THE figurehead of Edinburgh’s festivals for most of the last decade is stepping down from her post, just months after being awarded an OBE in the Queen’s New Year Honours.
Faith Liddell has told colleagues and stakeholders she will be leaving her post as director of Festivals Edinburgh in the autumn, ahead of the landmark 70th summer of events in 2016.
The city’s festivals have defied the recessionJoanna Baker, Festival boss
It is understood Ms Liddell, one of the key figures in the Scottish arts scene over the last two decades, does not have another job lined up and will be taking a six-month sabbatical.
She was the first director of Festivals Edinburgh, an organisation formed out of an alliance of the capital’s major events which commissioned a landmark report into how to deal with growing competition around the world.
Her organisation is charged with leading efforts to maintain Edinburgh’s mantle as the world’s leading festival city, through joint initiatives and projects, and pressing the case for funding levels to be protected and enhanced.
Ms Liddell is leaving at a crucial time for the festivals after a report published last month warned that Edinburgh faces being toppled from its position unless it can attract new funding, create new venues, and catch up on the digital revolution.
A 10-year blueprint to protect the status of events like the Edinburgh International Festival, the Fringe, the Tattoo and the Hogmanay celebrations warned they risk relegation from the “premier division” if current funding levels are not maintained.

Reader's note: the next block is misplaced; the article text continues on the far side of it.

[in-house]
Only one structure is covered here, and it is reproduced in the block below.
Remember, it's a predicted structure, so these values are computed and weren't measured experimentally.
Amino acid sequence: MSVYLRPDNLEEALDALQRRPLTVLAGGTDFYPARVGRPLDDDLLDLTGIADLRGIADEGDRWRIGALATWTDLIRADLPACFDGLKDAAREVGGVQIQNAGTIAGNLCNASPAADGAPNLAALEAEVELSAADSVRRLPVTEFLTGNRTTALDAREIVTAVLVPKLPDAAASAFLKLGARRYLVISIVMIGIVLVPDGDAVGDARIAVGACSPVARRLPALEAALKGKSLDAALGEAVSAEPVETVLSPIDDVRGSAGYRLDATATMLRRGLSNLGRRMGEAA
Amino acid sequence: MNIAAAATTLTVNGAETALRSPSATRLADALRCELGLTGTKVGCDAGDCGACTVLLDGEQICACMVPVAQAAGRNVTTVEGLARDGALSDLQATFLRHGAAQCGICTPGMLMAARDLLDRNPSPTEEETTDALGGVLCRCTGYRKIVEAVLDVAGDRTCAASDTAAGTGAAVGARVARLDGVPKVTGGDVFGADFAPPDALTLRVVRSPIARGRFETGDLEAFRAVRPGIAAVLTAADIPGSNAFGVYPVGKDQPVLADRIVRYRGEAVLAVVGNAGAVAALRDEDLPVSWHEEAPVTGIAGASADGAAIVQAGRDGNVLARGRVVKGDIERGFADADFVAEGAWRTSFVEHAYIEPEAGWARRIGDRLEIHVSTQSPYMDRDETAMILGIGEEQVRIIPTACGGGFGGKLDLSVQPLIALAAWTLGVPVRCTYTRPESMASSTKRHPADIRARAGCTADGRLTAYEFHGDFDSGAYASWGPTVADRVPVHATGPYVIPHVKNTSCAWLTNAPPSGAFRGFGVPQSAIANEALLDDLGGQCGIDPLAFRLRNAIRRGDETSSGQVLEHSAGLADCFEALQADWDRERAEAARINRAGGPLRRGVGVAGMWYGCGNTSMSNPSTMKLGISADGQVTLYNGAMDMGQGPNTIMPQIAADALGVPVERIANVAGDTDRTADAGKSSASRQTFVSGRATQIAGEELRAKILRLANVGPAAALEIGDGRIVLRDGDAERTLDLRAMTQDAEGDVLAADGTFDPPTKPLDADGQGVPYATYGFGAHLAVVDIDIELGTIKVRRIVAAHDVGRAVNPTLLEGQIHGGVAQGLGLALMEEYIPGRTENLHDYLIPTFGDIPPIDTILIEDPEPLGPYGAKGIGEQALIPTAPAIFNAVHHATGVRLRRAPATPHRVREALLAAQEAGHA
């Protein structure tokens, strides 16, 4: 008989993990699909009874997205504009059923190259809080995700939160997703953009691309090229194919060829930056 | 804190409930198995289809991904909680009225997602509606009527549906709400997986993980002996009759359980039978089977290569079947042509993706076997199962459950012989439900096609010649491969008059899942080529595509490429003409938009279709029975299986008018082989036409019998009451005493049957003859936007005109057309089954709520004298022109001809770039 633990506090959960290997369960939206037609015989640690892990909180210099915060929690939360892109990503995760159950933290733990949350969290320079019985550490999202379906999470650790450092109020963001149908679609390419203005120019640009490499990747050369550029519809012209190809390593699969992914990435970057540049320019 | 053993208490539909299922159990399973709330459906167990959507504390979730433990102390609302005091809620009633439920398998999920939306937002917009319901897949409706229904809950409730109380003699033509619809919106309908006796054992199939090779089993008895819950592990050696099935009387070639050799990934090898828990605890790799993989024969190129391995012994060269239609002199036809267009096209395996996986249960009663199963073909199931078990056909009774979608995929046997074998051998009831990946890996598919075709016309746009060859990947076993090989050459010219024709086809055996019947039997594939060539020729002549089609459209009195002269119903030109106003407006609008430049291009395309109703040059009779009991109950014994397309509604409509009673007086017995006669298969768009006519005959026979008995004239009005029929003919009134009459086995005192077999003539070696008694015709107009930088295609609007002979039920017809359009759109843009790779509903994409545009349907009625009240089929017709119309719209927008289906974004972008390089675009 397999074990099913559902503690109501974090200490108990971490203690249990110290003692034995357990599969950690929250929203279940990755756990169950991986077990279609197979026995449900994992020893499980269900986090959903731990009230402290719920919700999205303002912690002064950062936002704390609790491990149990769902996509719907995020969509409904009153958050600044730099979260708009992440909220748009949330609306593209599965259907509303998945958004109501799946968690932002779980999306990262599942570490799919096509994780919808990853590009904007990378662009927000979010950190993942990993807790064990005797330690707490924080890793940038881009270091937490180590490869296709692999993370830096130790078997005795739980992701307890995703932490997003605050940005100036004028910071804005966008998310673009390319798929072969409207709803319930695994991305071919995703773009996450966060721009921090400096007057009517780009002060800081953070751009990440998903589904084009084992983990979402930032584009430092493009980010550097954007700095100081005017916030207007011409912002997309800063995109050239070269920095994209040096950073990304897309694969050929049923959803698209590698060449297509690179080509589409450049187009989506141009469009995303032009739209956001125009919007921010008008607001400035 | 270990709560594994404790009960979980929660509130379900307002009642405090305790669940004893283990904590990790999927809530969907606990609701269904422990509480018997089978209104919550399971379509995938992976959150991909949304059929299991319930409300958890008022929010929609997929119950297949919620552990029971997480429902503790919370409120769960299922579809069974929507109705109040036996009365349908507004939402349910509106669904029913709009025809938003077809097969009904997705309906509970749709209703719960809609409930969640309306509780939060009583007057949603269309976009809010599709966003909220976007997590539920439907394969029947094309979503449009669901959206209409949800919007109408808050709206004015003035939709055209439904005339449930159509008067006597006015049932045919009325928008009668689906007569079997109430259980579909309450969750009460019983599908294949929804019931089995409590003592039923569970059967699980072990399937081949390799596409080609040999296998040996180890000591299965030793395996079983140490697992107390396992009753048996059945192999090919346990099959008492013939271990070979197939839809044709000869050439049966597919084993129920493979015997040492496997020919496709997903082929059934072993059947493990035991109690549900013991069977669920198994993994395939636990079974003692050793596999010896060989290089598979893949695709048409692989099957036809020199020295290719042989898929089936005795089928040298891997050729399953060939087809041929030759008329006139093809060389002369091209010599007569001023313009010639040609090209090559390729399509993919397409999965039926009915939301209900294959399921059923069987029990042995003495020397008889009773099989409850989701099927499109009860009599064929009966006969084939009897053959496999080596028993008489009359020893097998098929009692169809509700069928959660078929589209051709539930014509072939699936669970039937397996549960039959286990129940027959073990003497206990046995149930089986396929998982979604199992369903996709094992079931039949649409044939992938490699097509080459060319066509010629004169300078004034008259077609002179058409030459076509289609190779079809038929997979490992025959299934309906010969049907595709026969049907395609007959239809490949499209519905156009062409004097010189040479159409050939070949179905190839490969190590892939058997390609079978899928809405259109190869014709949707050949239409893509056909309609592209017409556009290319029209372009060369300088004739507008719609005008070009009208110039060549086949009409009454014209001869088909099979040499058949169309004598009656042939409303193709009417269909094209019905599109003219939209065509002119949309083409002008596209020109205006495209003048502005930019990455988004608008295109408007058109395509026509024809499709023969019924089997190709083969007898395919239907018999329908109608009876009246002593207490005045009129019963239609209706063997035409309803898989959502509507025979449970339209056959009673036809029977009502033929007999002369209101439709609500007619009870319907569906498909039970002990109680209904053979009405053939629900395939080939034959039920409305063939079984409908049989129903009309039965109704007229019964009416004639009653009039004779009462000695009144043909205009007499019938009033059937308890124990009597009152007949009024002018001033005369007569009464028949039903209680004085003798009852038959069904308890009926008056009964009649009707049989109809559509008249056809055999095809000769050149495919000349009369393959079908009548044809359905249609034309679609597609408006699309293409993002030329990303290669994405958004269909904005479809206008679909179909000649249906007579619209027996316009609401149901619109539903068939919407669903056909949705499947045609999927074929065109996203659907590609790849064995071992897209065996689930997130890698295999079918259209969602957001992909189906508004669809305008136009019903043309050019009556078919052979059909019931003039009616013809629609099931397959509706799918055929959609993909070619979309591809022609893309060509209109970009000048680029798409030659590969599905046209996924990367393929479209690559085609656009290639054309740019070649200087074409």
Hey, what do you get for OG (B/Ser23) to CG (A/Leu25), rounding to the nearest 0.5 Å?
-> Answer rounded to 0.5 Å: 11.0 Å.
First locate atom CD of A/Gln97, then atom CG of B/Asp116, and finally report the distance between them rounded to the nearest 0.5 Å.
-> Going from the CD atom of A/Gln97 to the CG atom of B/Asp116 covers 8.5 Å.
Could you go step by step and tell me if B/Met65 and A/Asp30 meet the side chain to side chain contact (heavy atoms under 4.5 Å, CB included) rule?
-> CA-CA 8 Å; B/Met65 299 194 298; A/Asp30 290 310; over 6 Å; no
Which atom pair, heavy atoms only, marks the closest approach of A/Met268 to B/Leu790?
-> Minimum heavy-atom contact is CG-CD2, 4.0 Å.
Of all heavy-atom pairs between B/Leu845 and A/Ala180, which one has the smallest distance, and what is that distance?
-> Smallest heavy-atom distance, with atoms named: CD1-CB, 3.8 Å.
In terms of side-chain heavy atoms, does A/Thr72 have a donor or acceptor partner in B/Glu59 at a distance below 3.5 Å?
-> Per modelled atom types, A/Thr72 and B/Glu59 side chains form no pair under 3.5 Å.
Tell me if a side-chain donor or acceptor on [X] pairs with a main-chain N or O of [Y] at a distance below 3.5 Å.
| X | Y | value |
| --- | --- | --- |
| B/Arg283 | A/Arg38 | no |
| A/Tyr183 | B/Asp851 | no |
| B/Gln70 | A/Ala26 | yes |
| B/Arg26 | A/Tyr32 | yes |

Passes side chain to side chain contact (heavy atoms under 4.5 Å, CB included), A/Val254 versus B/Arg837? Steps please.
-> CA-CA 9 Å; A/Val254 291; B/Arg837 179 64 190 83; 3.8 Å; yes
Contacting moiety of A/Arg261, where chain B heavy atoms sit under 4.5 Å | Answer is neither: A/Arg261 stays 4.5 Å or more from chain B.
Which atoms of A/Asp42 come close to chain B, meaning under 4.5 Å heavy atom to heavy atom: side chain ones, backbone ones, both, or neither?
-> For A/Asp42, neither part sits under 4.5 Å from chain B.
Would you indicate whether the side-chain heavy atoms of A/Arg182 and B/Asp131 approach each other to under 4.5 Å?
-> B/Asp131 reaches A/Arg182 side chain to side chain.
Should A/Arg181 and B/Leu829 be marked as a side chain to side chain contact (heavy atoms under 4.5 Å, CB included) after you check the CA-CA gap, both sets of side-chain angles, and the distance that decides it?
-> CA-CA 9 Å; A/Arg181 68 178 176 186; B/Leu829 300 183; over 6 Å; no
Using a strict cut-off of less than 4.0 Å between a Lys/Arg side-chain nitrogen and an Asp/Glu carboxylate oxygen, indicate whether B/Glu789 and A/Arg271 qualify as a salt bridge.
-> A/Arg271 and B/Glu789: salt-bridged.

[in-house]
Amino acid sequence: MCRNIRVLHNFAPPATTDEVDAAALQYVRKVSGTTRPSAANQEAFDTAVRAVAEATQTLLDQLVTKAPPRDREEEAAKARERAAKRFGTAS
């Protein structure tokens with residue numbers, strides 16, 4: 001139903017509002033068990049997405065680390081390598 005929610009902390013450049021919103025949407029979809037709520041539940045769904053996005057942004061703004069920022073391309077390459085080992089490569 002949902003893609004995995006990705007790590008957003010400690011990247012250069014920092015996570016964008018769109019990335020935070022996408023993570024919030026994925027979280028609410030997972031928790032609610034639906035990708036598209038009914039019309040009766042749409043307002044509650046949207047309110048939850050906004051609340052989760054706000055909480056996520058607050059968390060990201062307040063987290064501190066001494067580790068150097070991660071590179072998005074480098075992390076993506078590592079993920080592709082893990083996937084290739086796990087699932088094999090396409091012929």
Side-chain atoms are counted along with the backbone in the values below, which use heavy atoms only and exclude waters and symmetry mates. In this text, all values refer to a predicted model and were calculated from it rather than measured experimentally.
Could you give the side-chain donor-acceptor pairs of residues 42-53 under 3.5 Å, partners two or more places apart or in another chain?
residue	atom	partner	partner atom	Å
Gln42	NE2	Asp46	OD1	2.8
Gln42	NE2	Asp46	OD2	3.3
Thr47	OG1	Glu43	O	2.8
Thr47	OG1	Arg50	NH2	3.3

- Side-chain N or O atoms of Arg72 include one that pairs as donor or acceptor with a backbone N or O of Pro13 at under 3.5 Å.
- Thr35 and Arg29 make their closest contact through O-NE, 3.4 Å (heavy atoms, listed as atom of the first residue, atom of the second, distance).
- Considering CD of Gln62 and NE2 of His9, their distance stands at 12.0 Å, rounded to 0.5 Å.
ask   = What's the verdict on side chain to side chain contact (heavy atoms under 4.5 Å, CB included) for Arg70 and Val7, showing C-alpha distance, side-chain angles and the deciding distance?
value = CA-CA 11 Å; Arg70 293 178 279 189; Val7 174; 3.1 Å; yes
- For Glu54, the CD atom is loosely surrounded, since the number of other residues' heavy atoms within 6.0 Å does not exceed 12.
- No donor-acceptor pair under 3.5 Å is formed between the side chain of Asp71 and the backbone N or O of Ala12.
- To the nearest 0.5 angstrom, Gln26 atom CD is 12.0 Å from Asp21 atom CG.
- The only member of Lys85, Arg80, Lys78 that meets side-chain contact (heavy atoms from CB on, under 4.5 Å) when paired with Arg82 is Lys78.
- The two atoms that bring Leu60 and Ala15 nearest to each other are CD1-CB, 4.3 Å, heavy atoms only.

Festivals Edinburgh chair Ken Hay said: “The strength of Festivals Edinburgh is and will continue to be the individual and collective will and ambition of its constituent festivals. Like many organisations, succession planning is included within our wider business plan and a process of recruitment will shortly commence.”
Ms Liddell, a former marketing manager of the Fringe and a previous director of the Edinburgh International Book Festival, has been instrumental in the development of the festivals in the face of the economic downturn, with audiences booming since her appointment in December 2006.
Ms Liddell, who is also a former director of Dundee Contemporary Arts, began working for Edinburgh two days a week from home when the organisation was officially formed in 2007, the year after the landmark Thundering Hooves report was published. It now has a nine-strong staff.
Festivals Edinburgh has led efforts to secure extra funding to coincide with the 2012 Olympics and 2014 Commonwealth Games, and also played a key role in the establishment and development of a dedicated Edinburgh Festivals Expo Fund, which is supported by the Scottish Government.
An additional £3.25 million was secured last year, over and above core funding, with several special projects developed for a cultural programme inspired by the Glasgow games.
Joanna Baker, managing director of the Edinburgh International Festival, said: “The collaborative work through Festival Edinburgh led by Faith, as well as special project funding, which has ensured continued investment in high-quality programming, have delivered a very stable and successful period where the city’s festivals have defied the recession and assisted in keeping the city’s economy buoyant in a very tough economic climate.”
Book festival director Nick Barley said: “Edinburgh’s festivals enjoy something enviable and rare: worldwide recognition. That recognition hasn’t happened by accident – it is thanks in no small part to Faith’s dedicated, inspirational, unbelievably smart work.
“I confidently predict she’ll make a high-profile return to public life in a new guise, once she’s had a well-earned break.”